Tuesday, May 22, 2007

In conversation with director Denis Dercourt (The Page Turner)

Reprise of revenge

Melanie (Deborah Francois) and Ariane (Catherin Frot) in The Page Turner.

Benito Di Fonzo
May 18, 2007. Sydney Morning Herald.

Hell hath no fury like a child prodigy scorned, or so it would seem in writer and director Denis Dercourt's intelligent psycho-thriller The Page Turner.

Most of us struggle with one career, but 43-year-old Dercourt has excelled in two: writing and directing films while teaching and playing viola in the French Symphony Orchestra.

His latest film, The Page Turner, was selected for Cannes and was the most successful French film in 2006. It tells the story of Melanie, first seen as a talented, precocious child pianist attempting to enter the Conservatorium. When her ego is shattered by examiner and famed pianist Ariane (Catherine Frot) signing an autograph during her audition, she gives up music forever, carrying a chip on her shoulder the size of the Arc de Triomphe.

Fast forward 10 years and fate finds the adult Melanie, played by Deborah Francois and reminiscent of a young Catherine Deneuve, working as a nanny for Ariane, who now suffers performance anxiety due to a hit-and-run accident. Deciding revenge is a dish best served cold, Melanie endears herself to the ageing pianist and becomes her page turner, confidante and indispensable companion.

The subtle build-up to Melanie's revenge, foregoing the obvious avenues, marks The Page Turner as a tour de force in filmmaking, moving with a musical dynamism to its crescendo.

"The main mechanism in classical music is that of the cadenza," Dercourt says, "a tense chord resolving in another chord; tension, resolve, tension, resolve, and often the release of tension is [creating] another tension. It's the same in a film, especially genre film, and I liked writing this film because I hadn't done that before. That was a real discovery for me."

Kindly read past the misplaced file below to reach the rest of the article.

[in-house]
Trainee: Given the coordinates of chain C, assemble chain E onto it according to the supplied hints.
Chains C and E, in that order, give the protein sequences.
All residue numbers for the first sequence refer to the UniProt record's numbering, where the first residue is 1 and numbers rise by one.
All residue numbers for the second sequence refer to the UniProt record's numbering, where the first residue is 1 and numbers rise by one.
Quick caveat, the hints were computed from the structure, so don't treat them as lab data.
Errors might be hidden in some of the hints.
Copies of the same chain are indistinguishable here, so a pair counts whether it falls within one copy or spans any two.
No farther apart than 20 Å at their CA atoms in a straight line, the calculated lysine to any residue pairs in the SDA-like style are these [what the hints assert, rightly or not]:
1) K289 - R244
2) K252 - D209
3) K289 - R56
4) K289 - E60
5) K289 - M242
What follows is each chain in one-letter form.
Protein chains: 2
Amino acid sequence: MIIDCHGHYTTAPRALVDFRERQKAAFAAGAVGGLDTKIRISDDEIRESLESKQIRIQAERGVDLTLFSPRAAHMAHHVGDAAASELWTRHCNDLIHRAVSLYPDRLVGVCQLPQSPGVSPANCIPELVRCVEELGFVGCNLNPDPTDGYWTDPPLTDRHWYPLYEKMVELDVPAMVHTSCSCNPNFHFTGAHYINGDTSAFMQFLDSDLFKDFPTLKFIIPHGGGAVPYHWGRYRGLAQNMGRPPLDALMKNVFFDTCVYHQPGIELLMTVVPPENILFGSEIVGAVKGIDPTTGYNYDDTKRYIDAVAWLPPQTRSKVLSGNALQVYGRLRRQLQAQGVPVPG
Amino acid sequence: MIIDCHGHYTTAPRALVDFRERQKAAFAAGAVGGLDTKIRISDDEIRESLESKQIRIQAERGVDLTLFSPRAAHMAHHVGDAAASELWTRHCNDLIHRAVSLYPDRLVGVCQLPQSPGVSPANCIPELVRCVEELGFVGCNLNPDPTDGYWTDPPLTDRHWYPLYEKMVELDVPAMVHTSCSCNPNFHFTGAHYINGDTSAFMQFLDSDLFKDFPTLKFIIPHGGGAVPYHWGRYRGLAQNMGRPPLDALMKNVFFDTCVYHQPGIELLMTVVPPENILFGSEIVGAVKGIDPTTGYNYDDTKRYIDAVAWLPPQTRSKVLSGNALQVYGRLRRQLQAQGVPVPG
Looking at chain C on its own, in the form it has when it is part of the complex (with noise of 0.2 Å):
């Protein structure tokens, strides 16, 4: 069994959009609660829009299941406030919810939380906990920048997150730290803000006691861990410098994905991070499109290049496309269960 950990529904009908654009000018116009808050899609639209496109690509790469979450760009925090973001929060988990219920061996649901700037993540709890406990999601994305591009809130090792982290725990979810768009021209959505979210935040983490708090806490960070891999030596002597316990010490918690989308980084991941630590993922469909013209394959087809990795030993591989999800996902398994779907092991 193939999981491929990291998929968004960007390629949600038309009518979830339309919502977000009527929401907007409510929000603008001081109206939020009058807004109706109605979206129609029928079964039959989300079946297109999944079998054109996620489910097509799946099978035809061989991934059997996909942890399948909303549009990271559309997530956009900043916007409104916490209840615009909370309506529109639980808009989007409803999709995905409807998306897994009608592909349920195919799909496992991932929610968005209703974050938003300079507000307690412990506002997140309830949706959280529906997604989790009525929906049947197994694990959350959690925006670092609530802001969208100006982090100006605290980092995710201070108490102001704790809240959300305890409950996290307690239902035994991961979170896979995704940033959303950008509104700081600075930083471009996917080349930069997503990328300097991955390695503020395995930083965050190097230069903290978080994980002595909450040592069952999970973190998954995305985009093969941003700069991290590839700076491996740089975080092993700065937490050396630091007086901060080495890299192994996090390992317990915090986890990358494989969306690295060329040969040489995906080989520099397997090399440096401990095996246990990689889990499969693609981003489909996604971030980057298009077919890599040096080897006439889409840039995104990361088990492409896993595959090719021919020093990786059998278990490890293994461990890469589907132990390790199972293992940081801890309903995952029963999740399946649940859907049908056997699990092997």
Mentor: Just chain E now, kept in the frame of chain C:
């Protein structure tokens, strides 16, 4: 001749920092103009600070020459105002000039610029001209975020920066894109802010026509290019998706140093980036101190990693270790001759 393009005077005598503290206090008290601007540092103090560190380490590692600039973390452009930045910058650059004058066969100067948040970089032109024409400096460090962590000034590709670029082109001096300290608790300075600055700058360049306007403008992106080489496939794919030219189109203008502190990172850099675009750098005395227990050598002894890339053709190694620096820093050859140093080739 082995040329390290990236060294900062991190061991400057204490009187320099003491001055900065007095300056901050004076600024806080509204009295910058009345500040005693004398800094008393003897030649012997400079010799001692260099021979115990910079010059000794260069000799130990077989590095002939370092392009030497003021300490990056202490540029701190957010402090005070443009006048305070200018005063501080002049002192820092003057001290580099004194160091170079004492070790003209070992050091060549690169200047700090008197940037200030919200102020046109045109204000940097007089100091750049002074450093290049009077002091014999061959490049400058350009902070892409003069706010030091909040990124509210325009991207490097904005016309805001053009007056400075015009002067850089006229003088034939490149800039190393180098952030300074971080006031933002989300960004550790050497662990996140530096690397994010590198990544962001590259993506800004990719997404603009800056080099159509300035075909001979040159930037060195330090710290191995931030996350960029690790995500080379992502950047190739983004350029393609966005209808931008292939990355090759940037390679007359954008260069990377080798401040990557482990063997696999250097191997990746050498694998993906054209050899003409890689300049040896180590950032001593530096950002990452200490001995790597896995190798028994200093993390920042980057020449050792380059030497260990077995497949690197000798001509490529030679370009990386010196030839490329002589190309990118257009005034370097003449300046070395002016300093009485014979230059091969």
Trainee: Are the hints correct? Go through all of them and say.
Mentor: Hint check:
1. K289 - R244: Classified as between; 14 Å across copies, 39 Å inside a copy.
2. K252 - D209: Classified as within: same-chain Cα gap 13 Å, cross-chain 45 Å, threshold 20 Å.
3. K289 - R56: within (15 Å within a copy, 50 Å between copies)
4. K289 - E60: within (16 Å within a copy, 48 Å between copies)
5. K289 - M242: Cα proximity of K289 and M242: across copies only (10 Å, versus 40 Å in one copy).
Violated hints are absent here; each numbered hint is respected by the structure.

Dercourt's musical background gave him a unique insight into musicians' minds.

"It's a very tiny village, the world of musicians. We are very few, especially at a certain level. Playing music is really difficult, hard work."

Are musicians particularly prone to becoming psychopaths, then?

"Like actors, like painters, like all artists they are more aware of their feelings. Also they must be like sports people - they must be always perfect. You cannot fail when you have a concert, you must be aware of your state of mind."

Who is more dangerous, the child prodigy or the failed musician?

"That's a good question," Dercourt says. "When they both are one single person you have to be very afraid."

The Page Turner
Director Denis Dercourt
Stars Catherine Frot, Deborah Francois
Rated PG. Out now.

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